Pushy versus Pulley: Fatherhood and the Gospel of Life
How many times have you heard someone say “His father really pushed him too hard?” A simple Google search of the phrase reveals thousands of articles referring to men as different as Shakespeare, Mozart and Floyd Mayweather, Jr., all with pushy dads. Many of us dads struggle with the perfect formula. How much do you push?
After reading Pope Francis’ homily today, I’m thinking I may have put the horse before the cart, or the kid before the dad. It’s less about being pushy and more about being a pulley.
The Year of Faith celebrates the Gospel of Life as we Americans celebrate Father’s Day. At the Vatican, a special mass was celebrated to thank God for the blessings of life, taking its name from Evangelium Vitae, Blessed John Paul II’s landmark encyclical. Italy celebrates St. Joseph’s Day (March 19) as Father’s Day, so there was no particular reference to fathers in the Pope’s homily. But one of his points provides an excellent reflection.
The first reading speaks of David’s sin and his indirect killing of Uriah (the Hittite, not Uriah Heep, the Dickens character or the metal band.) He puts his army in danger just to knock off Uriah, since he had already knocked up his wife Bathsheba.
Pope Francis says, “Whenever we want to assert ourselves, when we become wrapped up in our own selfishness and put ourselves in the place of God, we end up spawning death.” Sounds like a pushy father to me. How often do I have my plans for my children, I want things done my way, and by pushing for this, I end up breaking my relationship with them? For me, too often.
Speaking of God the Father, Pope Francis, calling God “the living One” shows how God is merciful, always drawing us towards Himself. Even his commandments are not nagging NO’s, but affirmations: “The commandments are not a litany of prohibitions – you must not do this, you must not do that, you must not do the other; on the contrary, they are a great “Yes!”: a yes to God, to Love, to life. Dear friends, our lives are fulfilled in God alone, because only he is the Living One!” (Wishing to nail the point home, the pope made his audience repeat three times that “God the living one, is merciful!”)
The Gospel of the woman anointing Jesus’ feet brings this idea forward. Jesus recognizes her love and forgives. He doesn’t take that moment to give the laundry list of everything she has done wrong, or the ways she has disappointed him. “Jesus is the incarnation of the Living God, the one who brings life amid so many deeds of death, amid sin, selfishness and self-absorption. Jesus accepts, loves, uplifts, encourages, forgives, restores the ability to walk, gives back life. Throughout the Gospels we see how Jesus by his words and actions brings the transforming life of God. This was the experience of the woman who anointed the feet of the Lord with ointment: she felt understood, loved, and she responded by a gesture of love: she let herself be touched by God’s mercy, she obtained forgiveness and she started a new life.”
I have to take time today to think of how I can do that better for each of my children. Do they truly feel understood and loved? Do I lack mercy by bringing up their faults, am I being pushy by living out my own frustrations and shortcomings and failures in their lives? Or am I living out my faith in such a joyful way that it doesn’t push them, but draws them? Is my merciful love for them helping them want to live up to expectations which are God’s, not mine?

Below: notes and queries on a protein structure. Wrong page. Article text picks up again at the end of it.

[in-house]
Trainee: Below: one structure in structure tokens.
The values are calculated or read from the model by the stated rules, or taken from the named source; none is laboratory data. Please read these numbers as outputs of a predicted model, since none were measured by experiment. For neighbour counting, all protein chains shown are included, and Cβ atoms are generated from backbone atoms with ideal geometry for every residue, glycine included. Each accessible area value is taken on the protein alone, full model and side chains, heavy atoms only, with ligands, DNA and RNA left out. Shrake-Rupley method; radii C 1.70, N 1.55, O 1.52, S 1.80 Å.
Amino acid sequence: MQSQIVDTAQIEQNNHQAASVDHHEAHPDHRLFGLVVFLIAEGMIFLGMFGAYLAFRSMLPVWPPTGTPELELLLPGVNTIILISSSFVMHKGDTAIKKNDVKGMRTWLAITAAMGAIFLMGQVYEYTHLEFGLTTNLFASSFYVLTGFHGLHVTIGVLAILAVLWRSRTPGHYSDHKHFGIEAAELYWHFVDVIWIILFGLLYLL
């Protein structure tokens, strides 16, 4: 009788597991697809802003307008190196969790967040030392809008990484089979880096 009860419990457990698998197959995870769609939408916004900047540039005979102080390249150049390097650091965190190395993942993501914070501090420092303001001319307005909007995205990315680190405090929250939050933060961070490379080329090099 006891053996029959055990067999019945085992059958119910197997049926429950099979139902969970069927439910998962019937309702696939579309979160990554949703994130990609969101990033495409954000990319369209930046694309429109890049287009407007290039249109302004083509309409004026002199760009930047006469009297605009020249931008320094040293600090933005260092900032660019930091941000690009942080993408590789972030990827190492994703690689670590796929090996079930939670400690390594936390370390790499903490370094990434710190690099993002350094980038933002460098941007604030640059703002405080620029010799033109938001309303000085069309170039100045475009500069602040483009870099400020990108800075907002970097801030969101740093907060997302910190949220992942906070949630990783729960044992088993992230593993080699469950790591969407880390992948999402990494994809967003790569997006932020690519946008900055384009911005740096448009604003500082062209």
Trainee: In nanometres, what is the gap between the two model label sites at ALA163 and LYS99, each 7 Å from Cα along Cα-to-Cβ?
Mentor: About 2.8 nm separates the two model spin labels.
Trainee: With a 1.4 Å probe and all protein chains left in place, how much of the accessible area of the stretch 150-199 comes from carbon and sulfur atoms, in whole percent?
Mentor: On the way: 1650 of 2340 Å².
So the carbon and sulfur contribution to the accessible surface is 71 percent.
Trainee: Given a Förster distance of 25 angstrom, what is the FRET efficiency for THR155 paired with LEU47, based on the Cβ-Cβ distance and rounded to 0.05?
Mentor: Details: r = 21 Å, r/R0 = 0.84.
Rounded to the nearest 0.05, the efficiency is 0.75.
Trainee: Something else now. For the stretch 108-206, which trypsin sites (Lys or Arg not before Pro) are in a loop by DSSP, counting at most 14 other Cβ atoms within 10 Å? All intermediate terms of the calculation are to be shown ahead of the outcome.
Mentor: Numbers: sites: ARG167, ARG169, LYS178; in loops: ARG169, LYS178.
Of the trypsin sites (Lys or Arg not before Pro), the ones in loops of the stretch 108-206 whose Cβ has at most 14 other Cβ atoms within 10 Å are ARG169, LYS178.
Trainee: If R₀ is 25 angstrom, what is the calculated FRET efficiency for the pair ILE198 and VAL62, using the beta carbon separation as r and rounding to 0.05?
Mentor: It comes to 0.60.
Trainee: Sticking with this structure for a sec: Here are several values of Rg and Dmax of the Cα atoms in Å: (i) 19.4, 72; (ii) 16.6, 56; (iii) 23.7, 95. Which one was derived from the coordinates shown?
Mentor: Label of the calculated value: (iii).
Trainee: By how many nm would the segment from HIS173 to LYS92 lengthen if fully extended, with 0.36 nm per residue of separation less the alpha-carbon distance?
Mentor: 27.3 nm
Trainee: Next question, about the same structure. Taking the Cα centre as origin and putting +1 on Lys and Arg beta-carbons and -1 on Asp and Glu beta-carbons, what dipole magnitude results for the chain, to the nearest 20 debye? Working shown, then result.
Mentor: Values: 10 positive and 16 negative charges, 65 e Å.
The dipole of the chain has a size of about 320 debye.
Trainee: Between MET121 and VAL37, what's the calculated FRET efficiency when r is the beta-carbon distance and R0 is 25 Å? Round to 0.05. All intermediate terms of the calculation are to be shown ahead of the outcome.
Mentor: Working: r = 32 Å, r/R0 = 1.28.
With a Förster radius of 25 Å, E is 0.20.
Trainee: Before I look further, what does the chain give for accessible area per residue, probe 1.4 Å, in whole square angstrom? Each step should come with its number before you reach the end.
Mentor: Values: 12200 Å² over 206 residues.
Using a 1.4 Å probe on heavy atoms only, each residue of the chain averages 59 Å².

My own dad pushed me in some ways, but was much more effective when he pulled. A mostly self-taught man, he got a high school equivalency in the Navy and still makes his PhD son feel like he isn’t reading enough. But he doesn’t badger me about it, he just shares what he is reading and that example is enough. We’ve also discovered over the years that it’s ok if we don’t read the same things. It allows us to take greater joy in the things we do find in common. So thanks for being a pulley about that and other things, Dad.
Back to God the Father. I remember an English poet, George Herbert, who had been a Member of Parliament (hmm, just like his dad had) and who wasn’t happy until he took orders as an Anglican priest at age 37 and settled in a small parish church far from the hustle and bustle of London. They were happy years, but few, for he died of tuberculosis within three years, in 1633. He gave a friend a book of religious poems he had penned, which was published after his death.
One of them shows better than any other how our God is not a pushy father, for He has put within us a homeing beacon. It is a beacon which beckons. And no one can come to Jesus, “unless the Father beckons.”
On this Father’s Day, please pray for all dads to be less pushy, and more like our Father in Heaven, whose Gospel of Life draws us to true freedom. Let’s be pulleys!
The Pulley, by George Herbert
When God at first made man,
Having a glass of blessings standing by,
“Let us,” said he, “pour on him all we can.
Let the world’s riches, which dispersèd lie,
Contract into a span.”
So strength first made a way;
Then beauty flowed, then wisdom, honour, pleasure.
When almost all was out, God made a stay,
Perceiving that, alone of all his treasure,
Rest in the bottom lay.
“For if I should,” said he,
“Bestow this jewel also on my creature,
He would adore my gifts instead of me,
And rest in Nature, not the God of Nature;
So both should losers be.
“Yet let him keep the rest,
But keep them with repining restlessness;
Let him be rich and weary, that at least,
If goodness lead him not, yet weariness
May toss him to my breast.”